Shipping within a short time still be a challenge for people living in archipelagic country like Indonesia, especially in the rural areas with lack of infrastructure development. On the other hand, e-commerce keeps flourishing to provide shopping convenience that result in the surge of logistic demands.
Realizing the need to tackle this challenge, Chinese leading e-commerce JD.com had completed its first trial for drone shipping with an approval from the Indonesian government. On January 8, the drone flew from Jagabita Village to deliver donation of backpacks and books for students at MIS (Islamic Elementary School) Nurul Falah Leles in Parung Panjang, Bogor. Representatives from Ministry of Transportation, Civil Aviation and Air Navigation also attended the flight delivery trial.
China’s second largest e-commerce giant announced this successful test flight, deemed as a breakthrough for drone delivery in Southeast Asia, during the recent World Economic Forum (WEF) Annual Meeting in Davos, Switzerland.
“We have been using drones for real deliveries in China for over two years now, and have seen the profound impact that the technology can have on people’s lives around the country. We look forward to working closely with WEF and the Indonesian government to realize the full potential of this technology, and provide more convenience to Indonesian citizens,” says Chief Strategy Officer JD.com Jon Liao in a press statement.
JD.com is partnering with JD.ID to bring its retail services to the country since 2016. The e-commerce claims to sell 1 million SKUs and serve more than 20 million consumers across archipelago. It also has 10 warehouses in seven islands to support its logistics network in Indonesia, which already covering 483 cities and 6,500 counties.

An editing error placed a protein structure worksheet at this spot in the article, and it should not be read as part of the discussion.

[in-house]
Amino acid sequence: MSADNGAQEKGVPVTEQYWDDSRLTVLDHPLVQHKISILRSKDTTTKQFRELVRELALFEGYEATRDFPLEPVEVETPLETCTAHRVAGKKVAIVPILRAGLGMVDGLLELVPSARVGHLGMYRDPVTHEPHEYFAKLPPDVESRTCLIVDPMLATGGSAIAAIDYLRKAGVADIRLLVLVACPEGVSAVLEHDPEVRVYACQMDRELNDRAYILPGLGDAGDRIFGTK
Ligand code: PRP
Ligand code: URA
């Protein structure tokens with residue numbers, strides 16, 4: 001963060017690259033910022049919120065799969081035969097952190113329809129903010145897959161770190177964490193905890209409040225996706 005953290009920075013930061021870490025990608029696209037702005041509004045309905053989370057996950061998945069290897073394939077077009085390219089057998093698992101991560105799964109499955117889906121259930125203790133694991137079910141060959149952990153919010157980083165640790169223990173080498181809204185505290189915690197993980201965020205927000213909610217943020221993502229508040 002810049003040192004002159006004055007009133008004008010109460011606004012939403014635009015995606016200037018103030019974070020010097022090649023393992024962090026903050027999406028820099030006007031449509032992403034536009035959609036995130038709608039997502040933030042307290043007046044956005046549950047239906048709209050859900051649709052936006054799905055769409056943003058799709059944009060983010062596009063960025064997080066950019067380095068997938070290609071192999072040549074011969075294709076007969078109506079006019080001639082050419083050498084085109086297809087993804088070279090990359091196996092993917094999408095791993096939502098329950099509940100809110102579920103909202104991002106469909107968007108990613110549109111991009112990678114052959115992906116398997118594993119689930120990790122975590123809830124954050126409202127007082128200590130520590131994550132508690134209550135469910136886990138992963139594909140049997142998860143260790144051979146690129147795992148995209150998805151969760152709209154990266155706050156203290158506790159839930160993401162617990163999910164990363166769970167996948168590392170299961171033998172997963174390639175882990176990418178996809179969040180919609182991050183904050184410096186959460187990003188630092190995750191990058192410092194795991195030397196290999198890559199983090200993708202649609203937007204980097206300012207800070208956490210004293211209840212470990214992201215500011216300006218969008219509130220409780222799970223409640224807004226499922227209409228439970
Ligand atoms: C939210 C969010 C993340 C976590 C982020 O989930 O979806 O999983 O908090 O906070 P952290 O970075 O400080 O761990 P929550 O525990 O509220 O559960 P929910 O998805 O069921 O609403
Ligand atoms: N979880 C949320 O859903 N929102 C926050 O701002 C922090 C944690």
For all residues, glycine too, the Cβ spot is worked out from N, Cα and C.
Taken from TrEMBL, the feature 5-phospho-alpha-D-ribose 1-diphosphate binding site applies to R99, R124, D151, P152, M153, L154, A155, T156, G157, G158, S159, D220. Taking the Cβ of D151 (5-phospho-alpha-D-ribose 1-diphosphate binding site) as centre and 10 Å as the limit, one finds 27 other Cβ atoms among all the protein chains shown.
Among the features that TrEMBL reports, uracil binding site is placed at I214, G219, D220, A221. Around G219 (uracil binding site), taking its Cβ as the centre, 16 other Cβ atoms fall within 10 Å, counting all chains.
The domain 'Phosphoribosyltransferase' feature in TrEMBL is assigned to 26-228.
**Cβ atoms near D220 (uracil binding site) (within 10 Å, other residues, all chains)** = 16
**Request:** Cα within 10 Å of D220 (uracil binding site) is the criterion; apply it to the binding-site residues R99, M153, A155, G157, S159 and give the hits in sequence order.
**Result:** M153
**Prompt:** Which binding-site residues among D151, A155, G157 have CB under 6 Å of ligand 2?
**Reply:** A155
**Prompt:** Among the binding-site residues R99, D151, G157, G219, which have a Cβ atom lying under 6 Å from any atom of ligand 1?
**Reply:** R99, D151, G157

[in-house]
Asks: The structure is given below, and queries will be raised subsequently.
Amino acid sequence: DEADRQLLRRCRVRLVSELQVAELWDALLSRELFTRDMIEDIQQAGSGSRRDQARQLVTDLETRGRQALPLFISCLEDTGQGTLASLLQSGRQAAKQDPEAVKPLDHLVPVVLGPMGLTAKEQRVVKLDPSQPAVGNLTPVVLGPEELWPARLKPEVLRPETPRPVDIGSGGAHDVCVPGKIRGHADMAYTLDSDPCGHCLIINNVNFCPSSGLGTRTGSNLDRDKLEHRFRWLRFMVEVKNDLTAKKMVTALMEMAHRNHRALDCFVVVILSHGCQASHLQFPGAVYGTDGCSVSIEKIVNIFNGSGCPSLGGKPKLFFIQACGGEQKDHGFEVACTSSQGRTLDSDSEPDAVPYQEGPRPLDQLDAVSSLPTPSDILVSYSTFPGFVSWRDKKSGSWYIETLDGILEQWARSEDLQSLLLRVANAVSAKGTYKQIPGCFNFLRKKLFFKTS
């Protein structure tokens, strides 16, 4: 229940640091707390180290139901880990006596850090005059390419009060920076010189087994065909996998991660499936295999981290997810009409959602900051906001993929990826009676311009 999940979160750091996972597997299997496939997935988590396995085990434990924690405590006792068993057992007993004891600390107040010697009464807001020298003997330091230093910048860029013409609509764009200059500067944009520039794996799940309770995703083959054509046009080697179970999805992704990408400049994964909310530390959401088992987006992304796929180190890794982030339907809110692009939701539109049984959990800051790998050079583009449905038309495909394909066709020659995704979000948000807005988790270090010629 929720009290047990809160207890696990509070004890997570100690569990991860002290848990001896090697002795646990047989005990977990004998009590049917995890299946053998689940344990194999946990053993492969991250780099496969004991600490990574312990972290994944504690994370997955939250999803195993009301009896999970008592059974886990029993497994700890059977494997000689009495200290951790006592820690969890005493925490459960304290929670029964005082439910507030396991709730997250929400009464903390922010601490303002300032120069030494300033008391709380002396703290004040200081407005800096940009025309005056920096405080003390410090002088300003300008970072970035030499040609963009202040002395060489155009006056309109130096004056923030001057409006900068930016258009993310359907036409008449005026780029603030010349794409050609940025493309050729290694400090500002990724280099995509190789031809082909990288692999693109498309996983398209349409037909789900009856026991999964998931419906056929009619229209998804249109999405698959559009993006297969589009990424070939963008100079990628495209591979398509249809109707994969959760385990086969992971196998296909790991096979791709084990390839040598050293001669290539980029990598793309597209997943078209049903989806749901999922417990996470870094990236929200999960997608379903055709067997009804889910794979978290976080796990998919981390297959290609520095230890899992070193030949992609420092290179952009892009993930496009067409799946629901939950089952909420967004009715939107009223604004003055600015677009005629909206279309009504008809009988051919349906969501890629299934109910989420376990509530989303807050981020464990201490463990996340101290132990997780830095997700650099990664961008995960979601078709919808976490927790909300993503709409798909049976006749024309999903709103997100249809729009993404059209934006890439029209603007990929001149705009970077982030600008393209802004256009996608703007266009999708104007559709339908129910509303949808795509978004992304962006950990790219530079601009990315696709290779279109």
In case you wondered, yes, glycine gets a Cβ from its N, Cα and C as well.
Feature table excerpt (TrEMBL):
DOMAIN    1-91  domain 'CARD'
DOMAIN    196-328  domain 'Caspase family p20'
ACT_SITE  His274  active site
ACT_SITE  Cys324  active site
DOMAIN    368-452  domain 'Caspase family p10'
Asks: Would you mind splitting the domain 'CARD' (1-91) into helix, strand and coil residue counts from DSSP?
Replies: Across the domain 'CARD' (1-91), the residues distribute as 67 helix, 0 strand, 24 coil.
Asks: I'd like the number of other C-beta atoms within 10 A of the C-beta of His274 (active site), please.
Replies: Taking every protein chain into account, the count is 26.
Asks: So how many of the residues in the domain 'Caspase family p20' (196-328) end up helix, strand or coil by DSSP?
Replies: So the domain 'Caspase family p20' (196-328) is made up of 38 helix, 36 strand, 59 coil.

JD.ID aims to use drones for its regular delivery to cater challenging needs for logistic shipping in the Indonesia’s scattered islands. It sets a goal to deliver 85% of orders in the same or next day after it is placed.
In its homeland, JD.com had developed drone technology for logistic shipping since October 2015 through its JDX Innovation Lab and started the trial flights in June 2016. As of March last year, the company claims to have seven types of last-mile delivery drones and more than 100 drone routes in several provinces in China, as well 400 thousand minutes of flights accumulated.
JD is not the only company in the world that eyeing drones technology to help fulfilling logistic demand. Amazon, the biggest retail e-commerce in United Sates, is currently developing its Amazon Prime Air that aims to deliver package within 30 minutes or less using drone. However, no company has used this technology for commercial purpose since utilizing the unmanned aerial vehicles needs approval from the respective government.